Previously: The Writer’s Map; More from (and on) The Writer’s Map; Essays on Literary Maps: Treasure Island, Moominland and the Marauder’s Map; David Mitchell on Starting with a Map.

A Fantasy Maps Update

It’s been a while since my last post. That’s because I spent most of last week with my head down, working on a presentation about fantasy maps for a science fiction/fantasy convention that took place over the weekend. The presentation was called “The Territory Is Not the Map: Exploring the Fantasy Map Style,” and it drew on the arguments I made in recent Tor.com articles and in this post. Will I let you see it at some point? Possibly, though not likely in its current form: the paint was barely dry on it when I delivered it, though it was quite well received.

Meanwhile, a couple of other things. Here’s a piece by the author Lev Grossman about the urge to map fictional places. It’s excerpted from his essay in Deserina Boskovitch’s Lost Transmissions: The Secret History of Science Fiction and Fantasy (which came out last month from Abrams).

It didn’t matter that these places didn’t exist, what mattered was how much people wanted them to. Fictional maps are a visual trace of the ridiculous, undignified passion that we pour into worlds that we know aren’t real. They seem to confirm the ridiculous faith we place in novels—to see one is to say, silently and only to yourself, See? I knew it was real!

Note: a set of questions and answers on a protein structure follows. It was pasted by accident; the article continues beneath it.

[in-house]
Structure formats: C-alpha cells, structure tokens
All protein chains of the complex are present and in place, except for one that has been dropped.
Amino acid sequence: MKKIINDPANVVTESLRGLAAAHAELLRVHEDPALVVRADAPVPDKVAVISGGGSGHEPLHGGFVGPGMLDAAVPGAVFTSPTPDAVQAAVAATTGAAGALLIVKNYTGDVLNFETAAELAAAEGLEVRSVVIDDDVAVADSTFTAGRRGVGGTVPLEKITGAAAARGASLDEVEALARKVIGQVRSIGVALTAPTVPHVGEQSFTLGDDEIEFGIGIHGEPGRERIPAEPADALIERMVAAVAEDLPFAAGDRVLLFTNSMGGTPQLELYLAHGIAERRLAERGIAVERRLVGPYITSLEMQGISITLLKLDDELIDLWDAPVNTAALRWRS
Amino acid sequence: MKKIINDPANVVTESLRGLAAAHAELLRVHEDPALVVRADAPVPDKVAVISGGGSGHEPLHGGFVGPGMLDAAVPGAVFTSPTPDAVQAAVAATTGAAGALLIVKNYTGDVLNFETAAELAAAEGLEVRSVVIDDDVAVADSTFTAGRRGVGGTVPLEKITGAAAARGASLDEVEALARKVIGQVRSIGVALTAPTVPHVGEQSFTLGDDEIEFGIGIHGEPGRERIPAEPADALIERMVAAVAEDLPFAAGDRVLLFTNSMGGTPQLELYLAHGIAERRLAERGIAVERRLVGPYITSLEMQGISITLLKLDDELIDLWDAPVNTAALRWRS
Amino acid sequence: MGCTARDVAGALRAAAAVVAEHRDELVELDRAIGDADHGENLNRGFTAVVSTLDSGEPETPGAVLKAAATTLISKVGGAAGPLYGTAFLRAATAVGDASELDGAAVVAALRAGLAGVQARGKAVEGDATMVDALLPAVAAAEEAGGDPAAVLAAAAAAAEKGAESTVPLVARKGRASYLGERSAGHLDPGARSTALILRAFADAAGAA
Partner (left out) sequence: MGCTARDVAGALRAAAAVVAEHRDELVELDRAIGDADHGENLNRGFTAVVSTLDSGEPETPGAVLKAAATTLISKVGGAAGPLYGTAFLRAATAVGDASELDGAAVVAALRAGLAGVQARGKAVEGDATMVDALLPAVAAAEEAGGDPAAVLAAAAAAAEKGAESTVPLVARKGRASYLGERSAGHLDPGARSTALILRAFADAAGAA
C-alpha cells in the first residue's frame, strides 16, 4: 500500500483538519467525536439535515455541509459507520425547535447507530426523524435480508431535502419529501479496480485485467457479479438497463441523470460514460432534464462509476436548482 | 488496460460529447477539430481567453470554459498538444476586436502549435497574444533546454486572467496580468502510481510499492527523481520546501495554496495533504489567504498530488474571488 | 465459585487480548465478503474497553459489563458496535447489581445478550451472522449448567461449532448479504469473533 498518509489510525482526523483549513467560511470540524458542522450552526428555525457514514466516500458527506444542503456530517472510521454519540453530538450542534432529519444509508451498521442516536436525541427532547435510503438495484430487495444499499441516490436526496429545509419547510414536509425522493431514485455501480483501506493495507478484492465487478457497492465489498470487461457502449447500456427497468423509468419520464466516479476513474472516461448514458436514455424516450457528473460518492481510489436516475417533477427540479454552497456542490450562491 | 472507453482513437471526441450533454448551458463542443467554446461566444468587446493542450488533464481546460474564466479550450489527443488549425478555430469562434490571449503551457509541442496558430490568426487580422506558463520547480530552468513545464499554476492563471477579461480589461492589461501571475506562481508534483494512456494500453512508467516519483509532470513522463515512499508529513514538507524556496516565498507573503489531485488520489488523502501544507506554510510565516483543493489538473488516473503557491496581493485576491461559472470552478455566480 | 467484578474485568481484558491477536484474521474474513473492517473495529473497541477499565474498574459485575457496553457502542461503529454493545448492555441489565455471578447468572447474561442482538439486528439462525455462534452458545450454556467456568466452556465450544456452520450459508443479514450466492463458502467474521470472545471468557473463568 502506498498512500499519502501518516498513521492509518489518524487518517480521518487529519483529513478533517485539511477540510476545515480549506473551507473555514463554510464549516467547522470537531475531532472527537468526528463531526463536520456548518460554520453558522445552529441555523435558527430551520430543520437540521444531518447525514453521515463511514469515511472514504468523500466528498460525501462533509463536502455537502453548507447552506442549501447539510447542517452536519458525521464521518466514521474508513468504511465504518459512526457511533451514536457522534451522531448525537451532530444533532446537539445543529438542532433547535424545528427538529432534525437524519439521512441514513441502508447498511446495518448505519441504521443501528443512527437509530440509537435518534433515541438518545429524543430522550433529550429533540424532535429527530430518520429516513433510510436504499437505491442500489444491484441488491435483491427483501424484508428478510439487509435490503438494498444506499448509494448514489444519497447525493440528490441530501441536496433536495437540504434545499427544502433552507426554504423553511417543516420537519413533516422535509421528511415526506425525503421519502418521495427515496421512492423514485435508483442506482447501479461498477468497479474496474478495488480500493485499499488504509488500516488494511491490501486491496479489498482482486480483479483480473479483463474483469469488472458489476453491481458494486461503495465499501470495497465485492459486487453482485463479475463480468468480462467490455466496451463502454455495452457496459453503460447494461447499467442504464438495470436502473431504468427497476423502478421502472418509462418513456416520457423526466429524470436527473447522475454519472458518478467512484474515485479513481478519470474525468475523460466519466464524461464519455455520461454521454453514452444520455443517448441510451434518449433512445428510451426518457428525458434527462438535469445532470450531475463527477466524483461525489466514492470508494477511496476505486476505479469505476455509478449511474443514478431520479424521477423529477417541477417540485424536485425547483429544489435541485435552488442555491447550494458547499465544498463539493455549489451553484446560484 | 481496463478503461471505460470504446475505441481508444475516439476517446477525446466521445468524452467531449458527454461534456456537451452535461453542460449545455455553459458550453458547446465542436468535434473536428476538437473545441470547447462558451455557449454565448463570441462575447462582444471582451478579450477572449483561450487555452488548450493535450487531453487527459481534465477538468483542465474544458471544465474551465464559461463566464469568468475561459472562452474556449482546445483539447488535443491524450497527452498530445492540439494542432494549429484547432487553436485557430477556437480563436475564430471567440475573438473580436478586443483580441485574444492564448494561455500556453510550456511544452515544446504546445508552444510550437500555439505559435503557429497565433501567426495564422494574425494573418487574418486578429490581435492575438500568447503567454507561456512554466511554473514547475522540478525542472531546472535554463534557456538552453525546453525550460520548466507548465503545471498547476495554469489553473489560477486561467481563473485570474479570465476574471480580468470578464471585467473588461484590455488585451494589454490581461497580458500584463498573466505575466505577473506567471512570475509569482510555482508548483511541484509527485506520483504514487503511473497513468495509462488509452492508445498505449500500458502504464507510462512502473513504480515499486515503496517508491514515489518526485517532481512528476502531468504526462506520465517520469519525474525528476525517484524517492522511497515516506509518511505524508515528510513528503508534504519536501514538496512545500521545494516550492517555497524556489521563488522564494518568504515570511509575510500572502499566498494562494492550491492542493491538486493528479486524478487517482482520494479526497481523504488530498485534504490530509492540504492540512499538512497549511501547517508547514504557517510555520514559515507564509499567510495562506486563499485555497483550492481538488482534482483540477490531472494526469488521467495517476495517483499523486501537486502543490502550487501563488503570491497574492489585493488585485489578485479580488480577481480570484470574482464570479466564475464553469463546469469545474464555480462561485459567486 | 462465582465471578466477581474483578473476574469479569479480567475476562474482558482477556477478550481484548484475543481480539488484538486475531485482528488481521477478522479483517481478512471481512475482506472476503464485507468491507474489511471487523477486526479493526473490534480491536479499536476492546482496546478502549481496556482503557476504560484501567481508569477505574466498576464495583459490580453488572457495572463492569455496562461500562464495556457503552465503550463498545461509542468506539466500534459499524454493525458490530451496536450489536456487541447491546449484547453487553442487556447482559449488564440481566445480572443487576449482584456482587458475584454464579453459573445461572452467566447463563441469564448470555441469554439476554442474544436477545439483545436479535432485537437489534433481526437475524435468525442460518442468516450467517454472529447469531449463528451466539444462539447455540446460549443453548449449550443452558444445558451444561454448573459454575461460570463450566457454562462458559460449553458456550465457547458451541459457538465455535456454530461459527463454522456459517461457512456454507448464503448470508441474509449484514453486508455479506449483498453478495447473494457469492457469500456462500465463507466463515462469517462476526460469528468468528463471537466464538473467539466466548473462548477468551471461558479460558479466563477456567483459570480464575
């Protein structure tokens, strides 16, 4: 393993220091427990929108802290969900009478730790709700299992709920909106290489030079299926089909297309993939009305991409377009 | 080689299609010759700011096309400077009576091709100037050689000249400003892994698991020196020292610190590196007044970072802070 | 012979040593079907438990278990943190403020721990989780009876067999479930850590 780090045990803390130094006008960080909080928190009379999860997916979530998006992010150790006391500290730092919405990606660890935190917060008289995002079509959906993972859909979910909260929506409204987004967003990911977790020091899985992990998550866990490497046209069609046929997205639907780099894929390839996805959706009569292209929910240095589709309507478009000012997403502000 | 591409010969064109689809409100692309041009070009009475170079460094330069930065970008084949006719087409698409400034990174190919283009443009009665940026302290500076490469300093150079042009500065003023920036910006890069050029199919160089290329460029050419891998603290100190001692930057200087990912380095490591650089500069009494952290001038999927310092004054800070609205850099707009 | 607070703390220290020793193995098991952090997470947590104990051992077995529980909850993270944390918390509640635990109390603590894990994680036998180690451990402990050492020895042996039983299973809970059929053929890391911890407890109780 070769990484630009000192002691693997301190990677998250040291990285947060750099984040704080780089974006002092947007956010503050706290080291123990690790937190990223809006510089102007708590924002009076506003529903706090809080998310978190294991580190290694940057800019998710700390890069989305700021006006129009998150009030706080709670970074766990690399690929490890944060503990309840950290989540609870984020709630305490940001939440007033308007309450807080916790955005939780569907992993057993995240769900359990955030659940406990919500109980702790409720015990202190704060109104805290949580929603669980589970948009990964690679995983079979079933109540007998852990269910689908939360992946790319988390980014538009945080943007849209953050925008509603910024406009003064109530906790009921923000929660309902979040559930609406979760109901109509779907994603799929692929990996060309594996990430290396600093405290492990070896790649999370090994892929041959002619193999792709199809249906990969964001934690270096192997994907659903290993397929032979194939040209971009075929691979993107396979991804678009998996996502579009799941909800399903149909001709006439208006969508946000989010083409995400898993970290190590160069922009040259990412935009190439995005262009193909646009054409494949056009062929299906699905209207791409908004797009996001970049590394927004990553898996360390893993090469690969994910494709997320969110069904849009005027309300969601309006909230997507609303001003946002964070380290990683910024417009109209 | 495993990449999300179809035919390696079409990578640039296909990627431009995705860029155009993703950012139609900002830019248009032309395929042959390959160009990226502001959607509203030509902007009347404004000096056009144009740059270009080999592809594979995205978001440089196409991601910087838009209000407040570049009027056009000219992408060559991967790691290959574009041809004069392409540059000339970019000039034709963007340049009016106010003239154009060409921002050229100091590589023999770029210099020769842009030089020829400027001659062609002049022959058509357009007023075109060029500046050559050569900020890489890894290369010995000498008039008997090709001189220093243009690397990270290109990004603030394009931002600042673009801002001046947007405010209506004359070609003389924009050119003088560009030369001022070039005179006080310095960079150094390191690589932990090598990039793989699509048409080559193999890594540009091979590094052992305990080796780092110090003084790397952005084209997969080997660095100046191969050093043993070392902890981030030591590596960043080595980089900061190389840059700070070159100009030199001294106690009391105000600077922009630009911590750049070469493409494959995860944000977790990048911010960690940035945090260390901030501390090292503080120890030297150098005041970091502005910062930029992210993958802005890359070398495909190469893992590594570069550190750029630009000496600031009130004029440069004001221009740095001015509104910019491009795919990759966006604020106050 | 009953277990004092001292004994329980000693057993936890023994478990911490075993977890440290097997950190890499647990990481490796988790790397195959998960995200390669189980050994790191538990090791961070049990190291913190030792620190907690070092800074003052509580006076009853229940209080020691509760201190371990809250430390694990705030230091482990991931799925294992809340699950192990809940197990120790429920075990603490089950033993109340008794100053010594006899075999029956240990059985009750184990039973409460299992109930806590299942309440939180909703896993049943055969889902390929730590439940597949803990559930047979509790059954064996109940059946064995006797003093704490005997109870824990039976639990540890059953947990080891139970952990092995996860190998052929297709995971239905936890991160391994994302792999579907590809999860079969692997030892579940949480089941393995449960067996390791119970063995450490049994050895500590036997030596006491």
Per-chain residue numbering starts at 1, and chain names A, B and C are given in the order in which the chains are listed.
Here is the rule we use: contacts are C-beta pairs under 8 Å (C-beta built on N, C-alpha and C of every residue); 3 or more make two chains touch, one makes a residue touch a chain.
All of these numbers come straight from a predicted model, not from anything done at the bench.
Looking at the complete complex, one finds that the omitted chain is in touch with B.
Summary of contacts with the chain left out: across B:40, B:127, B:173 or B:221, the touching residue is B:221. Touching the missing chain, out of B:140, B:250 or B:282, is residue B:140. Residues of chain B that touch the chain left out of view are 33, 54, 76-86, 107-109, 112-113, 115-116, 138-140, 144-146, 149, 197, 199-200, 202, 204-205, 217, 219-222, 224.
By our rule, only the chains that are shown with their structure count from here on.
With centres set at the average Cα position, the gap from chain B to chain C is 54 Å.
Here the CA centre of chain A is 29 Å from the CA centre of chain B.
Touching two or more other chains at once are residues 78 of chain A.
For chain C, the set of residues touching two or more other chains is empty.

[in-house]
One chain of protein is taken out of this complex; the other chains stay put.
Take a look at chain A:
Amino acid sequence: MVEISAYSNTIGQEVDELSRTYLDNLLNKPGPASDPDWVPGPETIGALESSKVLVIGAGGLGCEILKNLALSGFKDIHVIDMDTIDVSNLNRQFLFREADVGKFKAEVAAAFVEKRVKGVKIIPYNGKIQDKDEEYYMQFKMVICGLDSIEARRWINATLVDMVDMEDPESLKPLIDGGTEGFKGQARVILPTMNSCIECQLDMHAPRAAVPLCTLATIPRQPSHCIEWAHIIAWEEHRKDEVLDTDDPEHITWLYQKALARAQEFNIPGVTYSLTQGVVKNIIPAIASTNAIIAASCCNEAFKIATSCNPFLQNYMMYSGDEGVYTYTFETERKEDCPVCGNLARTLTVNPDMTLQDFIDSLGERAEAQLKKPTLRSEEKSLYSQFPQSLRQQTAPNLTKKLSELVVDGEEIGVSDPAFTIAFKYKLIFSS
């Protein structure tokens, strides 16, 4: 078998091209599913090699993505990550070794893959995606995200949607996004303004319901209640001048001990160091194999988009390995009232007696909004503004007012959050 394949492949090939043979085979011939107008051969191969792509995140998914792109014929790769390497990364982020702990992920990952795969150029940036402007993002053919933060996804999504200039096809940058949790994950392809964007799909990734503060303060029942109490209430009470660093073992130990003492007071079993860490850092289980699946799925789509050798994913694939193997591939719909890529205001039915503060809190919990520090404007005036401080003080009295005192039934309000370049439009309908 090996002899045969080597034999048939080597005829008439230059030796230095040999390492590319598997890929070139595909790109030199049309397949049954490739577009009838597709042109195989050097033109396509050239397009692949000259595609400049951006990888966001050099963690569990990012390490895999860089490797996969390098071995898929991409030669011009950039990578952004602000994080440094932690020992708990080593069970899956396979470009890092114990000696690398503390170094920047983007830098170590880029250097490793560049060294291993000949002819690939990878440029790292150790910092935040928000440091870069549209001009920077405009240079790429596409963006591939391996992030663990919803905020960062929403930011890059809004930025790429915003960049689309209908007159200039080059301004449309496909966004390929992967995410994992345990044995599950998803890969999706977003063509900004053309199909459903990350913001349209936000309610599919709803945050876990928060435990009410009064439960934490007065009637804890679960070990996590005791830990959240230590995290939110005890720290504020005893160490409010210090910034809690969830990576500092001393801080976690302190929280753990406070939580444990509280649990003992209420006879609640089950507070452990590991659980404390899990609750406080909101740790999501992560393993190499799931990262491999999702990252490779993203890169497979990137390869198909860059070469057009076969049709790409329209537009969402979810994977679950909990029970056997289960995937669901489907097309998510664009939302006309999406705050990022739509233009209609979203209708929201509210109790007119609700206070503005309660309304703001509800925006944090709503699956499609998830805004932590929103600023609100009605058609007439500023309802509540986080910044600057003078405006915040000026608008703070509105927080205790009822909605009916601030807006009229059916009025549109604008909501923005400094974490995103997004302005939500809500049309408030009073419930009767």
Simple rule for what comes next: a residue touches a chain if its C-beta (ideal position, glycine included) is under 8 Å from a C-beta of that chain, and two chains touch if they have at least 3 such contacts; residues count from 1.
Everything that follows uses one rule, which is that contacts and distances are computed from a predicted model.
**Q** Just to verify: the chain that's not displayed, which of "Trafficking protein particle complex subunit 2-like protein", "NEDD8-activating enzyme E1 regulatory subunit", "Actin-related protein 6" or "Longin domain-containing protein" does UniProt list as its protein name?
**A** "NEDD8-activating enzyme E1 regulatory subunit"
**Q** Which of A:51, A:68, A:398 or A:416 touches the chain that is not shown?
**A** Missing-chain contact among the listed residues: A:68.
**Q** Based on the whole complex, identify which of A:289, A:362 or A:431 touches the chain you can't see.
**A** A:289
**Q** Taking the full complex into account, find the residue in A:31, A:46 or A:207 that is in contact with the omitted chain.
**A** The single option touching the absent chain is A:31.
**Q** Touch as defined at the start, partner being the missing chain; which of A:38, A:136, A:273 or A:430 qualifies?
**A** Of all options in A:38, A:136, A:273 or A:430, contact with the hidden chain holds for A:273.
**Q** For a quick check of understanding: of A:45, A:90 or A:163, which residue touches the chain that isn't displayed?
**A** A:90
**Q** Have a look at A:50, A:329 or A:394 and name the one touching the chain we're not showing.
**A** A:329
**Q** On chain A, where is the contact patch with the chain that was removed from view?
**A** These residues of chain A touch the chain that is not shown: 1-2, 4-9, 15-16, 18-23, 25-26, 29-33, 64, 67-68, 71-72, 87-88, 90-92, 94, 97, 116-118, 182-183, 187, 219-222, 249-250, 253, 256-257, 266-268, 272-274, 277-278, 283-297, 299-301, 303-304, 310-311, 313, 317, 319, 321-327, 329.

And the author Diane Duane has a simply massive collection of links to digital mapmaking resources in re fantasy maps, from map generators to tools to tutorials.

New at Tor.com: ‘Where Do Fantasy Maps Come From?’

New from me at Tor.com this morning, the latest instalment in my series on the history and design of fantasy maps. “Where Do Fantasy Maps Come From?” looks at the influences on and origins of the fantasy map style—the existing traditions, stretching back as far back as the sixteenth century, that the fantasy map drew upon when it came into being in the early to mid-twentieth century. (Tolkien couldn’t have made it up out of whole cloth, after all.)

This is a speculative piece that draws upon a large and diverse number of sources—everything from Forlani to Berann, from bird’s-eye views of cities to children’s book illustrations—to come up with … well, something interesting, at least. To do proper justice to the subject would require a Ph.D. dissertation. This is a start.

An Exhibition of Maps of the Imagination in Strasbourg